Train firm rolls out water spray tech to tackle ‘leaves on line’ autumnal delays
Around 10 million trees border Britain’s rail network dropping thousands of tonnes of leaves onto tracks every autumn, landing the industry with an estimated seasonal bill of £345m.
Leaves on the line disrupting train services promise to be a thing of the past for many more travellers with new technology being introduced by a major train operator.
Northern, which runs nearly 2,000 daily services, is fitting a system to 16 passenger trains which will combat slippery rails by spraying water onto them.
The Water-Trak technology will be used on trains operating between Leeds, Harrogate and York, as well as between Sheffield, Doncaster, Hull and Scarborough.
Leaves cause widespread problems every autumn when they stick to damp rails and become compacted by train wheels.
It creates a smooth, slippery layer similar to black ice on roads, reducing trains’ grip.
Speed restrictions are imposed in an attempt to reduce accidents such as the crash between two trains outside a tunnel near Salisbury, Wiltshire on 31 October last year which left 13 passengers and one driver needing hospital treatment.
A South Western Railway train slipped on crushed leaves, causing it to slide past a stop signal and smash into the side of a Great Western Railway service.
Rail lines have traditionally been cleaned using railhead treatment trains (RHTT) which use high-pressure water jets followed by a gel containing sand and steel grain to increase grip.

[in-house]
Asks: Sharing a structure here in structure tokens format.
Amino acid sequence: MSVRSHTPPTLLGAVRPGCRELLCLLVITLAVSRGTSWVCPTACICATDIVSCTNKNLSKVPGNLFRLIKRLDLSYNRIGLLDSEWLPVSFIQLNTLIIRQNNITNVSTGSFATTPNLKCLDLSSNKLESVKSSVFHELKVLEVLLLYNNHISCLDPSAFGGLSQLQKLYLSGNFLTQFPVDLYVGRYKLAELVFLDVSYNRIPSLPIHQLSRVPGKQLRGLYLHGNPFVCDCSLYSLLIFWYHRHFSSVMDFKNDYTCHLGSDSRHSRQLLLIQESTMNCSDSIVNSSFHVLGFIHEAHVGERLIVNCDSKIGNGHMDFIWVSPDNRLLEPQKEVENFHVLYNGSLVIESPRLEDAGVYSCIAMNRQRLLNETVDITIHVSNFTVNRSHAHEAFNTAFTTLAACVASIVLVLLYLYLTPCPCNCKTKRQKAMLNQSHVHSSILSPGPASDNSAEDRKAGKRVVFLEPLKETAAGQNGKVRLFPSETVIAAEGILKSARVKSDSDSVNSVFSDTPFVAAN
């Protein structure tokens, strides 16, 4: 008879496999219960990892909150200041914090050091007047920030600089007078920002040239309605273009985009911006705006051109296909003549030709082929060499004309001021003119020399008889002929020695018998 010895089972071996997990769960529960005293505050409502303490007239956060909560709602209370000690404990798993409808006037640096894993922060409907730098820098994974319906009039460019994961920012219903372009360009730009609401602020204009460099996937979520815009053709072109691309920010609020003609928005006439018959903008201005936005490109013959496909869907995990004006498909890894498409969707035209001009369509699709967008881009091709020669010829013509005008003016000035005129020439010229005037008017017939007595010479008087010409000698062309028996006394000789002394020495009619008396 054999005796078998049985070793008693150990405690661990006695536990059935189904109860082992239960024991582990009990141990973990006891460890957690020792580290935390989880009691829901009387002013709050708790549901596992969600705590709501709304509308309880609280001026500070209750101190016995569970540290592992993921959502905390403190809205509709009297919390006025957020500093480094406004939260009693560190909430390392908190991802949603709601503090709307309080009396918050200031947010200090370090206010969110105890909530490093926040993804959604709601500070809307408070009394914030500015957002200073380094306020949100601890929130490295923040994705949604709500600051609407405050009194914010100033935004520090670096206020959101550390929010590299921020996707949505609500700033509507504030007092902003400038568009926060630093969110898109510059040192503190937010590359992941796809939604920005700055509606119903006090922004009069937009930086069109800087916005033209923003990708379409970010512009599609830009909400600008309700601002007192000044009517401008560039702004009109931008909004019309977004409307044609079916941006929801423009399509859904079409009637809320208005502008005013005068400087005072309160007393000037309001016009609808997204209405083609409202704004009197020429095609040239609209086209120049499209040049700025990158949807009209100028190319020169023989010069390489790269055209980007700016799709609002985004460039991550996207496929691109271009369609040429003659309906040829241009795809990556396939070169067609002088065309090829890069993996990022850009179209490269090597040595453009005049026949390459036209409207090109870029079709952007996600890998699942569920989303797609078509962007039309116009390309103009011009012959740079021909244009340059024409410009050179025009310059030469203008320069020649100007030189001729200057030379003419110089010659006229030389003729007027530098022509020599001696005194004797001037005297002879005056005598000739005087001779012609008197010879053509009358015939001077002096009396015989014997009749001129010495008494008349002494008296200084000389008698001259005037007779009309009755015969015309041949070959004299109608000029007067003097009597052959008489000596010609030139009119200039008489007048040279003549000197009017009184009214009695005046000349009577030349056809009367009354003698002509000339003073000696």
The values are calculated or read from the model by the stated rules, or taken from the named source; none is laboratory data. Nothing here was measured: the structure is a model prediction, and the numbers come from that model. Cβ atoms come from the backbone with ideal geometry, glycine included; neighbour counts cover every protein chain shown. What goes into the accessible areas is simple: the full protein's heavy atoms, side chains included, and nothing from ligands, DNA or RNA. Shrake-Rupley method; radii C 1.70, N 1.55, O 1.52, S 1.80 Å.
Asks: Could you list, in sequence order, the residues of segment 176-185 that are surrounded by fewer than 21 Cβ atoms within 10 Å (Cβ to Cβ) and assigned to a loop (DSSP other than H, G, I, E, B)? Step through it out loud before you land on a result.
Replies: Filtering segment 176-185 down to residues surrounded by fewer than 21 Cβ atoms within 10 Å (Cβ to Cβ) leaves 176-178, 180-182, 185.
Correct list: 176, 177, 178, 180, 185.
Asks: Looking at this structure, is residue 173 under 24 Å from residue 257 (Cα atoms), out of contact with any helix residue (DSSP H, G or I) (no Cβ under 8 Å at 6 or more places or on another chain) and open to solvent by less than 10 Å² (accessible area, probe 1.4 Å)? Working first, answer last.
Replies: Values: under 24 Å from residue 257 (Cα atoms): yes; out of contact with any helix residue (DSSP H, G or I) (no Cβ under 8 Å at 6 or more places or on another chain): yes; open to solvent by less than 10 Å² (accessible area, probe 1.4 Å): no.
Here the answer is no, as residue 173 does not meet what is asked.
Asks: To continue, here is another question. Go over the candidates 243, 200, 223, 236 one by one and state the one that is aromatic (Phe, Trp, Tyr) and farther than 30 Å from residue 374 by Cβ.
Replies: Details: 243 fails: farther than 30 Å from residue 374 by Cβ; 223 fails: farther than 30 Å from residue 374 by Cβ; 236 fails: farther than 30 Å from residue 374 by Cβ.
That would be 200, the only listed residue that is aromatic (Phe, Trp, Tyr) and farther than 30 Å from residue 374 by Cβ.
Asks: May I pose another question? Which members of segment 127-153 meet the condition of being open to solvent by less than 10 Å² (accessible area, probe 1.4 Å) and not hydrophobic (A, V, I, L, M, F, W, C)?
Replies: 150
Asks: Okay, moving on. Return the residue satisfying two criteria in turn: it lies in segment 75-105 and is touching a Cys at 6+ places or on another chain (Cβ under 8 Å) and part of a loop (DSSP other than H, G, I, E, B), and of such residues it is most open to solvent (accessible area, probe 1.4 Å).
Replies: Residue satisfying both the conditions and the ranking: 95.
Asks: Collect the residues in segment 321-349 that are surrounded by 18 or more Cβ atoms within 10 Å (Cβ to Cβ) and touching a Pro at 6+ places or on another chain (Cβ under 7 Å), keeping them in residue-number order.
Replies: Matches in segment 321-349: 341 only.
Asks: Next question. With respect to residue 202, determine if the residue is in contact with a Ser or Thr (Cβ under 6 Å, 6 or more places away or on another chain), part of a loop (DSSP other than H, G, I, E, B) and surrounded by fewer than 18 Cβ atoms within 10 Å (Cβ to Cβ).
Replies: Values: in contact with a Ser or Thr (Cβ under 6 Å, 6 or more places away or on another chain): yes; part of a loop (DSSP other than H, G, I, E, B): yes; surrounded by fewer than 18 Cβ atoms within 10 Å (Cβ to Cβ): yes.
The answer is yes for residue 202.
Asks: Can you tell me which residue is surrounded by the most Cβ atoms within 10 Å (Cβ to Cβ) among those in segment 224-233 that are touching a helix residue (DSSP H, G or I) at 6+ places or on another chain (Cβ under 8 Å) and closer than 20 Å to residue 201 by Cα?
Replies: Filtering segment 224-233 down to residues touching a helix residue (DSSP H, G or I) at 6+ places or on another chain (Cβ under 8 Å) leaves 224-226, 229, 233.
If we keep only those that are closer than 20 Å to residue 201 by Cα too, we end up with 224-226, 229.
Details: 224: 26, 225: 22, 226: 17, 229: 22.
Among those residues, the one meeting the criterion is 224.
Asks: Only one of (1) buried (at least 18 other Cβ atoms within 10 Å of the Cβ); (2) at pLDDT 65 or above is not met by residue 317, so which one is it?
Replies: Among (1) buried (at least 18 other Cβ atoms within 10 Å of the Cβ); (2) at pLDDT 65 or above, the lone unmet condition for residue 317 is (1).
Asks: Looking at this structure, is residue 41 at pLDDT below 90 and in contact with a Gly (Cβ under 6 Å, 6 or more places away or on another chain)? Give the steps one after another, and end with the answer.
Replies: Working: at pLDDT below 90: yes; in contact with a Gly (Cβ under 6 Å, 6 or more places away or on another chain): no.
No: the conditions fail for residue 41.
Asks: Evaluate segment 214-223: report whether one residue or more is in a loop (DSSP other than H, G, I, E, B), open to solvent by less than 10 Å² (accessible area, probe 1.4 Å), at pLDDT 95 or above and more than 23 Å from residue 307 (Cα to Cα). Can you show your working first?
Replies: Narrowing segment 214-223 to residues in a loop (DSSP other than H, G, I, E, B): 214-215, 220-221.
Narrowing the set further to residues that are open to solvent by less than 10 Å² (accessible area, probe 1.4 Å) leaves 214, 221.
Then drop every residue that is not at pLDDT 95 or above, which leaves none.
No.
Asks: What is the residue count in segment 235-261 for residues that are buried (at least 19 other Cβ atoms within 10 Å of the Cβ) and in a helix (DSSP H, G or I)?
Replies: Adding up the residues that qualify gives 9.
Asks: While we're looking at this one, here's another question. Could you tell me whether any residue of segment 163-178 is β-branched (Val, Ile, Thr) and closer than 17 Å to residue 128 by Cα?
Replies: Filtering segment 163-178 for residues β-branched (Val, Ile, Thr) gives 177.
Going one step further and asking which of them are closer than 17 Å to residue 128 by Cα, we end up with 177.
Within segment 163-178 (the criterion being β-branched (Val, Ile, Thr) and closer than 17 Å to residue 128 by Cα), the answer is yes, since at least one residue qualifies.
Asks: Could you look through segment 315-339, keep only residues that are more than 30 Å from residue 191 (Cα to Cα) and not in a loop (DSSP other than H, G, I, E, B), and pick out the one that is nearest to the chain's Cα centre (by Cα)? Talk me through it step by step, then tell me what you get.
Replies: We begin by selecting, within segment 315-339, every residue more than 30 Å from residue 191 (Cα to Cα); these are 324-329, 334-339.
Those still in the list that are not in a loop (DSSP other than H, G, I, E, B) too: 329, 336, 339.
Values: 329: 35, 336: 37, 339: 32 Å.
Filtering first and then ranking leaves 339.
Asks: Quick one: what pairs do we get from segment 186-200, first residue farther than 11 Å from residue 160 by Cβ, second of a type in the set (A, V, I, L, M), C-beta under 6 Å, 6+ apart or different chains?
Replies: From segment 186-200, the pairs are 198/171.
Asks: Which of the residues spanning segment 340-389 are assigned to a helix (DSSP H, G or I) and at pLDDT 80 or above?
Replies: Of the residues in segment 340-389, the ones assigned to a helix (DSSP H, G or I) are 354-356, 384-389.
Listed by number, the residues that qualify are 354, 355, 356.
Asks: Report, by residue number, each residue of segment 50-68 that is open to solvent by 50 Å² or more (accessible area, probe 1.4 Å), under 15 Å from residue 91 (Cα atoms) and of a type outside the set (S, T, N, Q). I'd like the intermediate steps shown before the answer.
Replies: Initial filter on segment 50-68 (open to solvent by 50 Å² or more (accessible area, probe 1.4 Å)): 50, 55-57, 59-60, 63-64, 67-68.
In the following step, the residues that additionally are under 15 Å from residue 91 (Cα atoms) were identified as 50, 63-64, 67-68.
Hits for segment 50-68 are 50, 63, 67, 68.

But these are expensive to run so are generally limited to busy mainlines, leaving other routes untreated.
Trains stop safely in heavy rain, so Water-Trak recreates these conditions by distributing a small amount of water when slippery rails are detected.
This can improve braking performance at a lower cost than using RHTTs.
Trials of the technology have been conducted on two of Northern’s Class 319 trains in passenger service since October last year.
The operator’s seasonal improvement manager Rob Cummings said rolling out the system to more trains is “the next step in finding a solution to tricky autumn conditions”.
He added: “One of the biggest risks to our performance during October and November is leaves on the line, but by helping to develop new innovative technology we aim to deliver the very best service for our passengers.”
Water-Trak co-founder John Cooke said: “Leaves on the line may seem like a bit of a joke, or an excuse for bad performance. But actually, it’s a major issue for the rail industry.”
Around 10 million trees line Britain’s railway, dropping thousands of tonnes of leaves onto tracks every autumn, saddling the industry with an estimated seasonal bill of £345m.